Article 25 GDPR: Data Protection by Design and by default. This means organisations must implement appropriate technical and organisational measures, such as pseudonymization, designed to implement the data protection principles as well as integrate the necessary processing safeguards to meet the requirements of the Regulation.

Article 6(1)(f) GDPR: Legitimate Interests assessments as a lawful basis for processing data. In order to report on the use of Legitimate Interests, organisations can leverage their technical and organisational measures to complete a balancing exercise showing processing risks mitigated and data subjects protected.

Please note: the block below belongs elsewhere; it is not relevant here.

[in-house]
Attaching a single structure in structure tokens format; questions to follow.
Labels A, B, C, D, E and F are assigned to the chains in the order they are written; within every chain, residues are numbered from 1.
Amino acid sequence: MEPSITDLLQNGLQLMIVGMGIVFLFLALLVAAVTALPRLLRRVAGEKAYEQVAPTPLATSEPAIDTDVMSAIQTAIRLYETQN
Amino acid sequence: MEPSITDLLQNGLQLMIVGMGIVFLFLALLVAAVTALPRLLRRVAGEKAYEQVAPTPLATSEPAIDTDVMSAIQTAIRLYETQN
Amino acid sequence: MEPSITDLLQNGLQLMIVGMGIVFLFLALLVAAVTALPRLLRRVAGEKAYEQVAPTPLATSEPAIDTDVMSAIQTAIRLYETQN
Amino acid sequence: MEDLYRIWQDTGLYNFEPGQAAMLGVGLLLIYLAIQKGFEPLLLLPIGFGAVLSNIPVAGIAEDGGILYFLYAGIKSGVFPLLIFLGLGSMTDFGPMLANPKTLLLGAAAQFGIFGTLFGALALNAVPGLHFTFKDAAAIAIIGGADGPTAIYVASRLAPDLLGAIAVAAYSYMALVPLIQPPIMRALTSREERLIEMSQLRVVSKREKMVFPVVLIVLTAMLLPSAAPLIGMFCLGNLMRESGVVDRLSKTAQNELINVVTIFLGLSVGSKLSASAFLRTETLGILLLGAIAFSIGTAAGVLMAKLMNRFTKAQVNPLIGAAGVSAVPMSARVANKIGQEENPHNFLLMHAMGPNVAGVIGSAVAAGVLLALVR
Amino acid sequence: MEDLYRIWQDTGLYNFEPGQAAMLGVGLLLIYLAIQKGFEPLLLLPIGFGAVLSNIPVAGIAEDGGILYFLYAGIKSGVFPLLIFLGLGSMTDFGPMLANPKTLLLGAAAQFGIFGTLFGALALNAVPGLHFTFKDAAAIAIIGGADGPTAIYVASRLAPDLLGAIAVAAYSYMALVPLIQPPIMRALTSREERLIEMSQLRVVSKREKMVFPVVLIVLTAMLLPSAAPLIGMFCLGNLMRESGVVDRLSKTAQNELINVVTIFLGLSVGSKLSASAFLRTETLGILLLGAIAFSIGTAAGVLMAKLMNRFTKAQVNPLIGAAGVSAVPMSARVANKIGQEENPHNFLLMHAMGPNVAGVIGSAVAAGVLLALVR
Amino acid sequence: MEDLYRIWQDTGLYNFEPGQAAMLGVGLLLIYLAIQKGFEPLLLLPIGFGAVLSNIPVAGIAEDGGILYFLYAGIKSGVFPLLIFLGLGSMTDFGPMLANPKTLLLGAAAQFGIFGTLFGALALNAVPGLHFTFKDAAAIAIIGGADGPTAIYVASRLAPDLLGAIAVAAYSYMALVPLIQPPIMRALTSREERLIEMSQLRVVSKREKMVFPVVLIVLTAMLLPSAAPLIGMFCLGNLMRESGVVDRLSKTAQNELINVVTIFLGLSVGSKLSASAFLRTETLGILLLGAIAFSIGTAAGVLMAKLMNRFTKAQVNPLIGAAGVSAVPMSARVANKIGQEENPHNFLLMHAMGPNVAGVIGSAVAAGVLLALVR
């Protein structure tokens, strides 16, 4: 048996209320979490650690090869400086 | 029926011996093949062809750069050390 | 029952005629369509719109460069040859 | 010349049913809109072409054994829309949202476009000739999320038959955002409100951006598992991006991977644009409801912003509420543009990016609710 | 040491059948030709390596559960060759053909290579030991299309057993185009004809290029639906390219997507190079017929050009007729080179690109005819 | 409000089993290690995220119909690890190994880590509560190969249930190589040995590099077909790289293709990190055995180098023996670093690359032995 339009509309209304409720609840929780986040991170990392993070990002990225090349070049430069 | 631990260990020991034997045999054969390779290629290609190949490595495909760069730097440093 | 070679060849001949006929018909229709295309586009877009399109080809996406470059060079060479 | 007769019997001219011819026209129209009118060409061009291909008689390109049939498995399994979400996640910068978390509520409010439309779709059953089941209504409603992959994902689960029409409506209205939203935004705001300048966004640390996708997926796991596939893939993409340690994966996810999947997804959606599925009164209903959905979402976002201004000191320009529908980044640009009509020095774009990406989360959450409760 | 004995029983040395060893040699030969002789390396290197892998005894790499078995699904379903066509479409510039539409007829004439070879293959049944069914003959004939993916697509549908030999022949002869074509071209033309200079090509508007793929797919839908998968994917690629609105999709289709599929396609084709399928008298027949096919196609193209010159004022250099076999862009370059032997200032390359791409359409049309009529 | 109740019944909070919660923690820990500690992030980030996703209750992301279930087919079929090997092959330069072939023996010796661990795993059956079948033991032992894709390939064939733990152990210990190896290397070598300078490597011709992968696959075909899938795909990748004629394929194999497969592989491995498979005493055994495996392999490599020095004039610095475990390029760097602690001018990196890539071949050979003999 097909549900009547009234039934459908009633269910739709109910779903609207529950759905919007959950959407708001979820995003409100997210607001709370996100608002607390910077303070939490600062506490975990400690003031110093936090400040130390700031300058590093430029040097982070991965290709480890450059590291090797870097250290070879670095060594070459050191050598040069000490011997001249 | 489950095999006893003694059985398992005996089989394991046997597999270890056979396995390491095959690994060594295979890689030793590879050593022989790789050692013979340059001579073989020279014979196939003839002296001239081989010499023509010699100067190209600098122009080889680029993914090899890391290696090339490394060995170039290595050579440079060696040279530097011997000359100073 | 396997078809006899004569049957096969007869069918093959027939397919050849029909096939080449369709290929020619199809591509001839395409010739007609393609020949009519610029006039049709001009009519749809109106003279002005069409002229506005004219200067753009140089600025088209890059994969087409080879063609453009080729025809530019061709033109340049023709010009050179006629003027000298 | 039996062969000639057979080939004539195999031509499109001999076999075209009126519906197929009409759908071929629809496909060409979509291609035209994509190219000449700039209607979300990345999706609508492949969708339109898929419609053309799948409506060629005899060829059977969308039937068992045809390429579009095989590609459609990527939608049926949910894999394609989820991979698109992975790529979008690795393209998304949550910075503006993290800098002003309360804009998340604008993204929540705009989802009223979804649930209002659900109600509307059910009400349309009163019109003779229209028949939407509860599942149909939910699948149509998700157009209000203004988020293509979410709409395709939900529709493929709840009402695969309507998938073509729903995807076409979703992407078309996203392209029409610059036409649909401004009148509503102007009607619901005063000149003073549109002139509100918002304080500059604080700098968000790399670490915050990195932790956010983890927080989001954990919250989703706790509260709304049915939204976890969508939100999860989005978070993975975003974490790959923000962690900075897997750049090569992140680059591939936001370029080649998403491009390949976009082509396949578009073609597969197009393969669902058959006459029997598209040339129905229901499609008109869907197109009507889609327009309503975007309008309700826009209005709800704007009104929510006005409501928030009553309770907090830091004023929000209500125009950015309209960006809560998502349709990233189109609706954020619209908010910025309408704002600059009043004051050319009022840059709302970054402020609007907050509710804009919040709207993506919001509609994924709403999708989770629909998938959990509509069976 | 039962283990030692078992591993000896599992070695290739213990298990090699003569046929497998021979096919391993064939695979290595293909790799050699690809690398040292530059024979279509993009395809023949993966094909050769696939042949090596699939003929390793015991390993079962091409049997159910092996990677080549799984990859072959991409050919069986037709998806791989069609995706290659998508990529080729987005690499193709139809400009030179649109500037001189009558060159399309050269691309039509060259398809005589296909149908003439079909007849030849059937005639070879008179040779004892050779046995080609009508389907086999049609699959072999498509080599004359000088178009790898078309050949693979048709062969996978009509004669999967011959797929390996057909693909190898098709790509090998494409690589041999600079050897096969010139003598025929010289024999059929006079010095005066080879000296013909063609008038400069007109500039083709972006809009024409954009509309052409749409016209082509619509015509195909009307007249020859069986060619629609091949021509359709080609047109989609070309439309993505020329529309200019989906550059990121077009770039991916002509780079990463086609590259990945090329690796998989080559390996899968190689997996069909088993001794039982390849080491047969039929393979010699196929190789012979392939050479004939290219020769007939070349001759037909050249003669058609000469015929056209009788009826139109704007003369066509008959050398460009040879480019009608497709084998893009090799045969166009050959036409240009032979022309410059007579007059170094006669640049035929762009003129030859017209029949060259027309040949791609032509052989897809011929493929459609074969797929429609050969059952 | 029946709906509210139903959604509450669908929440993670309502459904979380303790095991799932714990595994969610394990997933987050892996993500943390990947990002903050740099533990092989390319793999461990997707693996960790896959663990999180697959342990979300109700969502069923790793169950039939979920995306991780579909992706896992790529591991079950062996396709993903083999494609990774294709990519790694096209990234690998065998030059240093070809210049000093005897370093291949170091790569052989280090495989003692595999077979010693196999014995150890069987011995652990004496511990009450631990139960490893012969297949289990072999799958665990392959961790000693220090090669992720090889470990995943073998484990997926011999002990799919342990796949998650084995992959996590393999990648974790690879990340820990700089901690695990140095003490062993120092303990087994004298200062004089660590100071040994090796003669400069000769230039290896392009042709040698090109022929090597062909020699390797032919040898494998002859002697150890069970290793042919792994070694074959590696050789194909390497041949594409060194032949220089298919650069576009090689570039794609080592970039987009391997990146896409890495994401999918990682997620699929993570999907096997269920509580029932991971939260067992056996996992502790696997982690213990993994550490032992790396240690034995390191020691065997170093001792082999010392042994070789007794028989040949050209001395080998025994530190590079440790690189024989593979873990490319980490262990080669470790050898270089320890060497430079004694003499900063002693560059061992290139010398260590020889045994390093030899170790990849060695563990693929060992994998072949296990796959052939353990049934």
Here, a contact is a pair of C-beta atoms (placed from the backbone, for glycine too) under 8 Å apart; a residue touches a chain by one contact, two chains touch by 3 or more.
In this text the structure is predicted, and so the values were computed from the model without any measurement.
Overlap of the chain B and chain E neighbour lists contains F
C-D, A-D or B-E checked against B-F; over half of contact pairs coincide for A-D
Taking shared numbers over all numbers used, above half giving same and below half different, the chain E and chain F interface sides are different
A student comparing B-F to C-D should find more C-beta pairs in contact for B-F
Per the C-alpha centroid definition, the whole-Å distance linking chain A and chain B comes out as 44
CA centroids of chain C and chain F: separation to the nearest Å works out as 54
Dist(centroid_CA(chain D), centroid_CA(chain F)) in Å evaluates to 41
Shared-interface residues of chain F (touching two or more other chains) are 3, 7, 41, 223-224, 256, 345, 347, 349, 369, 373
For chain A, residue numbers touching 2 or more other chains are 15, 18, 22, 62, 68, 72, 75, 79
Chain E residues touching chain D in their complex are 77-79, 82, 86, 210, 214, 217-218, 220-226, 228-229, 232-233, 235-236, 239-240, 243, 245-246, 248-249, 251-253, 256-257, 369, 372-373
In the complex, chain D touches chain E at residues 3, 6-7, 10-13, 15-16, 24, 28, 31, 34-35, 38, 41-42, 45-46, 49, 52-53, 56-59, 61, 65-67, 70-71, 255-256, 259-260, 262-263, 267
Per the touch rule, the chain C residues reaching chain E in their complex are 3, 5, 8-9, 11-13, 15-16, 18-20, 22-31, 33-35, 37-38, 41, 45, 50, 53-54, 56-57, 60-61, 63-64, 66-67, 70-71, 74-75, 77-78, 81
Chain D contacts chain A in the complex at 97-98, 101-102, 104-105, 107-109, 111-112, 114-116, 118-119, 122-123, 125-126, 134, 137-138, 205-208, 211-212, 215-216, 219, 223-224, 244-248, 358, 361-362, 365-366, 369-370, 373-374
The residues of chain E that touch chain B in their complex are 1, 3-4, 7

Regulator Ready Reporting Summarised

  1. Accountability is the cornerstone:

Articles 5 and 24: put in place appropriate technical and organisational measures

  1. Leverage existing measures/accountability mechanisms and embed into projects to meet additional requirements:

Articles 30, 35, 25, 6(1)(f)

  1. Generate reports that tell your organisation’s accountability and compliance story.

To learn more about regulator ready reporting click below:

LEARN MORE 

Or, contact a Nymity team member to request a free trial of our privacy software. 

FREE TRIAL

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A version of this post appeared in Corporate Compliance Insights.